An adult with ADHD may:

  • move around frequently
  • tap their hands or feet
  • shift in their seat
  • find it difficult to sit still

Life with ADHD can seem challenging, as though your emotions are constantly in flux. You can easily become bored and have the tendency to seek excitement on a whim.

Small frustrations can seem intolerable or bring on depression and shifts in mood. If emotional concerns are left unaddressed, they may complicate your personal and professional relationships.

People with ADHD are often easily distracted. They may also have something called hyperfocus, according to a 2019 literature review.

A person with ADHD can get so engrossed in something that they can become unaware of anything else around them.

This kind of focus makes it easier to lose track of time and ignore those around you. This can lead to relationship misunderstandings.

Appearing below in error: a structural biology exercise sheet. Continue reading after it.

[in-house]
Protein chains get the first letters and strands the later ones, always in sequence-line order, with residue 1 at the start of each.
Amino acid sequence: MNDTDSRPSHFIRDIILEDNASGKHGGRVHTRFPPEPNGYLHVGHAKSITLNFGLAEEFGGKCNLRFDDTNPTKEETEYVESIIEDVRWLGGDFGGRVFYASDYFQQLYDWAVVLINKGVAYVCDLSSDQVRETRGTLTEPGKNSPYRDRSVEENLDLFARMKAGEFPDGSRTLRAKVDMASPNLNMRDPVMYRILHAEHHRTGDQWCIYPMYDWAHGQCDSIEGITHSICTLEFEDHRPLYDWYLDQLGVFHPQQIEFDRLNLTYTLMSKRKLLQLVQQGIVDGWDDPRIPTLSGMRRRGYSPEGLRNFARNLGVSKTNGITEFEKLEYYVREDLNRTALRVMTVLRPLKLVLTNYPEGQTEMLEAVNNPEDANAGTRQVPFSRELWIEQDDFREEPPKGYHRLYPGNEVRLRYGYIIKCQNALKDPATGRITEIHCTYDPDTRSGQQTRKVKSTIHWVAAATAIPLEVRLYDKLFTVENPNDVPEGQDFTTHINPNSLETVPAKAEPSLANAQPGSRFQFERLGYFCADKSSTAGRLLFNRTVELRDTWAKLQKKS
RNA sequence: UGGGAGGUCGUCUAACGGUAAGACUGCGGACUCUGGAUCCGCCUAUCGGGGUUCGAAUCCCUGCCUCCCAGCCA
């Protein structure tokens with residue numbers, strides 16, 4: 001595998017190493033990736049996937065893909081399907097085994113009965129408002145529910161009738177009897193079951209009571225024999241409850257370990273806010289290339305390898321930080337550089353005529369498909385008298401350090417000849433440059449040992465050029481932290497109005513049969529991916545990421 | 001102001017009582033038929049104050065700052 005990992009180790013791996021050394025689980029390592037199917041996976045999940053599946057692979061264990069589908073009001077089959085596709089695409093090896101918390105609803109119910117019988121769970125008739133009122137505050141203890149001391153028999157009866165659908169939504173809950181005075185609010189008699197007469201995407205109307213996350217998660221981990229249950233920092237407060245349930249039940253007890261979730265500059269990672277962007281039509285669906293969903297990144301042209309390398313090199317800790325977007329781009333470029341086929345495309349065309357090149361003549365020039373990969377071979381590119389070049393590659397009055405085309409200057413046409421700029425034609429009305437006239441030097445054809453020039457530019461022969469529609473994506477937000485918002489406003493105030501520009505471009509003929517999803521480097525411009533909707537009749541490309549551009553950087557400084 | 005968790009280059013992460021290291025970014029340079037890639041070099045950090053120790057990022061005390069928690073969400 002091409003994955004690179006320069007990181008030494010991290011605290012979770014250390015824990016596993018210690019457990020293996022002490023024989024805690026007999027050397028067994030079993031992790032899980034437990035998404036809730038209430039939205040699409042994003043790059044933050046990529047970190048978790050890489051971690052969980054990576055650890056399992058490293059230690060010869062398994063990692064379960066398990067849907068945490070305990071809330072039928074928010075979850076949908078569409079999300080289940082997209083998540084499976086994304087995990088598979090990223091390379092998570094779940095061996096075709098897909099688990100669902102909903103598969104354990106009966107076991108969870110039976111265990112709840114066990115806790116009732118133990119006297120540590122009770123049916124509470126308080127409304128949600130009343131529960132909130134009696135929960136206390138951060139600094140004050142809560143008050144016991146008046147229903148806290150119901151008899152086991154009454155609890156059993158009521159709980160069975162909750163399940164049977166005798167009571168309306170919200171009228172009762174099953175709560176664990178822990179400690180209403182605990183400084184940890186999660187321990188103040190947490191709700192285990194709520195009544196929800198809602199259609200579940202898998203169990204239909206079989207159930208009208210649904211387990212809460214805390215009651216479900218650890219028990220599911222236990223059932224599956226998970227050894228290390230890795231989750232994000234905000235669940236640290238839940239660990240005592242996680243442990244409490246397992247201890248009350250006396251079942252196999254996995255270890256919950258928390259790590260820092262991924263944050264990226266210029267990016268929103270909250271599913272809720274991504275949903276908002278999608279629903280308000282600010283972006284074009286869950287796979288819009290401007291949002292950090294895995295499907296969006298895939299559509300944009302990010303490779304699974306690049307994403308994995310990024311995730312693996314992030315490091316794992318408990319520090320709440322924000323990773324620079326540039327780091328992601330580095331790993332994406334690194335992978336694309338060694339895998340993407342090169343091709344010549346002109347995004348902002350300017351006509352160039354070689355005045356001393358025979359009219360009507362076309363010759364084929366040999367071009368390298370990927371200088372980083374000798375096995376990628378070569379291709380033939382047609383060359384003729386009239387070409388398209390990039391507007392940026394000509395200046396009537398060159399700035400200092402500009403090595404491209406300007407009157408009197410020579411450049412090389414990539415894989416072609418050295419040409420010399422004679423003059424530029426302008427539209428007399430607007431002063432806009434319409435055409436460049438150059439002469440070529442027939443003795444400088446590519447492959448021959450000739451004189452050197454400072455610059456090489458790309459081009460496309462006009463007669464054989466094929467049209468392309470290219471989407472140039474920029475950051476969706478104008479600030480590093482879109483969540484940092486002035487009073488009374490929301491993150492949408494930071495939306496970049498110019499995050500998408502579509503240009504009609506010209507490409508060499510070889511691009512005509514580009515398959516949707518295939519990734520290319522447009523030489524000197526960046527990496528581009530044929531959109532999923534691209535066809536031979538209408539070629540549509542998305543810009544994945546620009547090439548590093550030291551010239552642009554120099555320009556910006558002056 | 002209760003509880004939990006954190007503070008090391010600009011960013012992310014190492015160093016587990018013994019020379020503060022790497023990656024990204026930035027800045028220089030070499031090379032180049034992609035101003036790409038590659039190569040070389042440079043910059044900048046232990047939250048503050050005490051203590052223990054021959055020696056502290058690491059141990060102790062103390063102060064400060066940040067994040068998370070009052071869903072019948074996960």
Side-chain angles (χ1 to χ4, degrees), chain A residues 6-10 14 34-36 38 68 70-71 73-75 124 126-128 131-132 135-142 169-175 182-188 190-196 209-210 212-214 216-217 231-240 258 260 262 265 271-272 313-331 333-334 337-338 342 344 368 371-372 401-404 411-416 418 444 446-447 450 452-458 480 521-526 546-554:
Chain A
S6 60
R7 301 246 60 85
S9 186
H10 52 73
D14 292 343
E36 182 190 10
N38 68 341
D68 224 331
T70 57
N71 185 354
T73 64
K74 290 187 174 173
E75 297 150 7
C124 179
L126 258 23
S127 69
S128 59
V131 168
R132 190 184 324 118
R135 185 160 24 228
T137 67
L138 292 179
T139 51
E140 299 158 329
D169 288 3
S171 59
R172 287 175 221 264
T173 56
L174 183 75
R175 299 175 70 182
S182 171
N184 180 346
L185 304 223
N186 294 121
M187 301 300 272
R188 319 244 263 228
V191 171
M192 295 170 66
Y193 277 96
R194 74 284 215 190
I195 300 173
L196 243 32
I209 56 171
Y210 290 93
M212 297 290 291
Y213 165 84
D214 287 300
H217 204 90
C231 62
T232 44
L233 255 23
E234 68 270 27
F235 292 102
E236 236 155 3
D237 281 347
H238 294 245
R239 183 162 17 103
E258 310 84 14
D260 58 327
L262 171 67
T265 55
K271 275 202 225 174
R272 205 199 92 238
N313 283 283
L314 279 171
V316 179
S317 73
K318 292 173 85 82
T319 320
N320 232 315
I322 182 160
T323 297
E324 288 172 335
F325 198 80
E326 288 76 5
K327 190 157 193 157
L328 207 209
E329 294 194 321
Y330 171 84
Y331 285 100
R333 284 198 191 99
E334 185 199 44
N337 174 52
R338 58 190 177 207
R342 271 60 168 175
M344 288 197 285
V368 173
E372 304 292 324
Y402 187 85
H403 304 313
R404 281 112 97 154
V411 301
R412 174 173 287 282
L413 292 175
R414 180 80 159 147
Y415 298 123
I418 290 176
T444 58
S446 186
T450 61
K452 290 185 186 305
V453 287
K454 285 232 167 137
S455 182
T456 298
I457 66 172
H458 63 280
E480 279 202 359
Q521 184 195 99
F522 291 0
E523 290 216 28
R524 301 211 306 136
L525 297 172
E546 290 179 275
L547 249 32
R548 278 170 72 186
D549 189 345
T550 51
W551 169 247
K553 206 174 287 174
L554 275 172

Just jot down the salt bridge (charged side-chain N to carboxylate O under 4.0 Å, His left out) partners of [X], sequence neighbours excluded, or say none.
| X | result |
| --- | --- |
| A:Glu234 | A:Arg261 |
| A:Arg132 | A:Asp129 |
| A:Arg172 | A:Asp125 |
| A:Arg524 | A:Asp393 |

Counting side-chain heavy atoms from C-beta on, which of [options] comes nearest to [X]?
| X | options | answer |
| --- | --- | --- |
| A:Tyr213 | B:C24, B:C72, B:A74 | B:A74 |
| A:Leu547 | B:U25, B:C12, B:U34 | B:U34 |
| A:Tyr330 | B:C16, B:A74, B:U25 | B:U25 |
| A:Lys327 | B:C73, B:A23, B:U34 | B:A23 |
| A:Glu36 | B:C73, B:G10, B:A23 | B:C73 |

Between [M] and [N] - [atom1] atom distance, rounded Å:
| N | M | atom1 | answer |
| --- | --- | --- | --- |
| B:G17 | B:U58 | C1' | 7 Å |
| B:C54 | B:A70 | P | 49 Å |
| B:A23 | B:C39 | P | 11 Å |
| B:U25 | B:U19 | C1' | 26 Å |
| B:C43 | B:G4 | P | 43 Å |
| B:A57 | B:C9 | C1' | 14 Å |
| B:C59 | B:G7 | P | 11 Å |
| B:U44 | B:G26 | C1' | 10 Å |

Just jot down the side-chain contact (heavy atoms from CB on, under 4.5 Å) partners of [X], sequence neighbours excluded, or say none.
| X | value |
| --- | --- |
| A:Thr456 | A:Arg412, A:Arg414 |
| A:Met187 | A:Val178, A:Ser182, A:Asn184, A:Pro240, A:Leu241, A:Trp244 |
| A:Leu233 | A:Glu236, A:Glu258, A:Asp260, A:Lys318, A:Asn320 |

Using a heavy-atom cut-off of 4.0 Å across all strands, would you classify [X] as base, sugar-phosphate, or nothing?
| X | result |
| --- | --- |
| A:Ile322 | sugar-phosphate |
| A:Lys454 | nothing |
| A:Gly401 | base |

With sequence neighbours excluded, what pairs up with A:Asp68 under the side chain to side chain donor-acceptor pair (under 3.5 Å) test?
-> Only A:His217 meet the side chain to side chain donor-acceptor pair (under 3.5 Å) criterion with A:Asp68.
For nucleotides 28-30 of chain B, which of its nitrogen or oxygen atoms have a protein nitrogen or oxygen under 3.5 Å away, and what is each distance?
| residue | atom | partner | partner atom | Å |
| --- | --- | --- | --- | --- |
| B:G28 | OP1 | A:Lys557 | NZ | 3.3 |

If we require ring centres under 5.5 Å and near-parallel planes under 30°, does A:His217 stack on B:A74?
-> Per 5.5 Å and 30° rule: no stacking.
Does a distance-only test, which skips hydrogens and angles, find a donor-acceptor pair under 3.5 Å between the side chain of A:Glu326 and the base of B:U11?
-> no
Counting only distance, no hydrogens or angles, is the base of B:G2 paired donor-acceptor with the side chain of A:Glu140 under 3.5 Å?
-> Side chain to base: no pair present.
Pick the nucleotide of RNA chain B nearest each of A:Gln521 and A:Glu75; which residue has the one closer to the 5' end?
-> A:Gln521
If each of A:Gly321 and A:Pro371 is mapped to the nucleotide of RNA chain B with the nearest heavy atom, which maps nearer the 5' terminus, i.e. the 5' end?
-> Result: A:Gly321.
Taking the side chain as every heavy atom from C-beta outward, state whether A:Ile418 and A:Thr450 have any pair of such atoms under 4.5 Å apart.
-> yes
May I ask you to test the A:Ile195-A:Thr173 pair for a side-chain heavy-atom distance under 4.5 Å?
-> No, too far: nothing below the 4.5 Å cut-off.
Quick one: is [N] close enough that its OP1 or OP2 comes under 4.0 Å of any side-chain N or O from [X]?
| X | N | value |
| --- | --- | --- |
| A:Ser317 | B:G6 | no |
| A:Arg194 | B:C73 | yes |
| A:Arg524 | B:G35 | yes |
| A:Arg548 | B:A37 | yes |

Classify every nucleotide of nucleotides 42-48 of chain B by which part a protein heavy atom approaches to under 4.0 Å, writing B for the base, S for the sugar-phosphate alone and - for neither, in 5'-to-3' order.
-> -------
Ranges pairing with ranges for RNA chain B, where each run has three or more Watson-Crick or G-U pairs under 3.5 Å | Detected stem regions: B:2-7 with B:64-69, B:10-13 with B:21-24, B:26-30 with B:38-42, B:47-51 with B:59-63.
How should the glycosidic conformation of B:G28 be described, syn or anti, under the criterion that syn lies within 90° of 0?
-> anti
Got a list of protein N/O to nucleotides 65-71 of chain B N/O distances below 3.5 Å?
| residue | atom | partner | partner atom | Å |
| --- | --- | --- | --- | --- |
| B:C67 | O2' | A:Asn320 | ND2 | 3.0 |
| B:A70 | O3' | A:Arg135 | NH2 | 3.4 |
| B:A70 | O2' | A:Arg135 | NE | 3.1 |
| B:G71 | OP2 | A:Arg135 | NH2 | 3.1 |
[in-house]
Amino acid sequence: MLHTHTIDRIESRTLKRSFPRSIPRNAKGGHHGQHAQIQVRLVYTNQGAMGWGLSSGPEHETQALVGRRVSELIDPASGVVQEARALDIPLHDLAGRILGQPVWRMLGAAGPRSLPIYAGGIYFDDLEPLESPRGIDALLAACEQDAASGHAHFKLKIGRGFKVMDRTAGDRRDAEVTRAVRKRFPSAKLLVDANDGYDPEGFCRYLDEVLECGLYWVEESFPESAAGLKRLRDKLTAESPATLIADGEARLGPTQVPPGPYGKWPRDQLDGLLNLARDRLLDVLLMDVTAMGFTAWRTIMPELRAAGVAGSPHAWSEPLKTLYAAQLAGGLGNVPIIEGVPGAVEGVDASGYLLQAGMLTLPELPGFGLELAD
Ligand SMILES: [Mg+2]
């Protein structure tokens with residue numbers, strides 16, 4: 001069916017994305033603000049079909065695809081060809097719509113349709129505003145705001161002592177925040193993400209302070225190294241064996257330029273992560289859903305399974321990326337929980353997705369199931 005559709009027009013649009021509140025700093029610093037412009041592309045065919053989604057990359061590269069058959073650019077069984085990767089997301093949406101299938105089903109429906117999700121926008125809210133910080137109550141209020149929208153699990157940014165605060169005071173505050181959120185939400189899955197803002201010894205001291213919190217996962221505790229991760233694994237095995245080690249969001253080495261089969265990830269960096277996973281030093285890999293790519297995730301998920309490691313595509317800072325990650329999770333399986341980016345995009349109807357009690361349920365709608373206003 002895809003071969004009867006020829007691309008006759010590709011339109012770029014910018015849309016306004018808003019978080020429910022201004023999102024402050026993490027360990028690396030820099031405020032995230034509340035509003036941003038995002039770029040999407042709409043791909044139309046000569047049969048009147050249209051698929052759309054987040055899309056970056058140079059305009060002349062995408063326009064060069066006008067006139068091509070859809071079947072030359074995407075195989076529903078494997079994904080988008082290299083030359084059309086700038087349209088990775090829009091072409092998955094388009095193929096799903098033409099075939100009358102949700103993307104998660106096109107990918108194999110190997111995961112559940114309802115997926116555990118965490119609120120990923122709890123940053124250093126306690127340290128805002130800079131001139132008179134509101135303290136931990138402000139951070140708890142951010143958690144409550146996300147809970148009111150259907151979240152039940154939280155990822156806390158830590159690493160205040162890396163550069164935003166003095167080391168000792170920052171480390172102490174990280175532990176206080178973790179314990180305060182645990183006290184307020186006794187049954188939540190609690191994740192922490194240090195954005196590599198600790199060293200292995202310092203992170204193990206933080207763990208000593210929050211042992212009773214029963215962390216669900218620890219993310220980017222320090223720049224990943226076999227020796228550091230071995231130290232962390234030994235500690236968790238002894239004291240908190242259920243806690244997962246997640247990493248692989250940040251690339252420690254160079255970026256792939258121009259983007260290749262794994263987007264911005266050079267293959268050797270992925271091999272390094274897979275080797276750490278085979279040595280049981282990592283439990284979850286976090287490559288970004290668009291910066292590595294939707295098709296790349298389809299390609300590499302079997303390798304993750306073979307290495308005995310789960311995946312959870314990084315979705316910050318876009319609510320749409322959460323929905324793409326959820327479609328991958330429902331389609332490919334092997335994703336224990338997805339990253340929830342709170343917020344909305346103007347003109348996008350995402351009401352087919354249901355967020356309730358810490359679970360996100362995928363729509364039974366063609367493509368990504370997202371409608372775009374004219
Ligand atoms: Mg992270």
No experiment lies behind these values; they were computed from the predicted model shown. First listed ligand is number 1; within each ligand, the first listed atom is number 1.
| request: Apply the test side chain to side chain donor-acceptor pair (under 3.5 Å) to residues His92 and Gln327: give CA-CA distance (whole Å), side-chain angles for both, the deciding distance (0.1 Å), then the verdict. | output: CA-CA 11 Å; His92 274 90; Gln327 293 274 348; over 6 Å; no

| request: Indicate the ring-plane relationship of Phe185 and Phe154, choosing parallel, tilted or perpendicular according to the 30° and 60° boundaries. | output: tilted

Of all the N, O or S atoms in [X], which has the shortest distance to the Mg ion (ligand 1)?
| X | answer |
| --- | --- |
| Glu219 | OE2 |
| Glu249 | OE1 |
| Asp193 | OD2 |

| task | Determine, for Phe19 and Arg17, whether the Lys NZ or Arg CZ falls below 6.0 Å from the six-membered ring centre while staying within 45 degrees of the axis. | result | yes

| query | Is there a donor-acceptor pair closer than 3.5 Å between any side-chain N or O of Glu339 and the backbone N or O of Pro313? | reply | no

This concern is similar to experiencing disorganization. Adults with ADHD often find it hard to effectively manage their time. They may:

They may have trouble focusing on the future or the past — the “now” is often more top-of-mind for people with ADHD.

It’s human to forget things occasionally, but for someone with ADHD, forgetfulness tends to occur more often. This can include routinely forgetting where you’ve put something or what important dates you need to keep.

Sometimes forgetfulness can be bothersome but not to the point of causing serious disruptions. Other times, it can be serious.

The bottom line is that forgetfulness can affect careers and relationships.

It can easily be confused with carelessness or lack of intelligence by others if they’re not familiar with an ADHD diagnosis and its symptoms. Learn more about the effect of ADHD on memory.

Impulsiveness in someone with ADHD can manifest in several ways, including:

A person’s shopping habits are often a good indication of ADHD. One 2015 study tracked the psychosocial development of random teens in upstate New York over 29 years. The researchers found that impulse buying, especially on items a person can’t afford, was a common symptom of adult ADHD.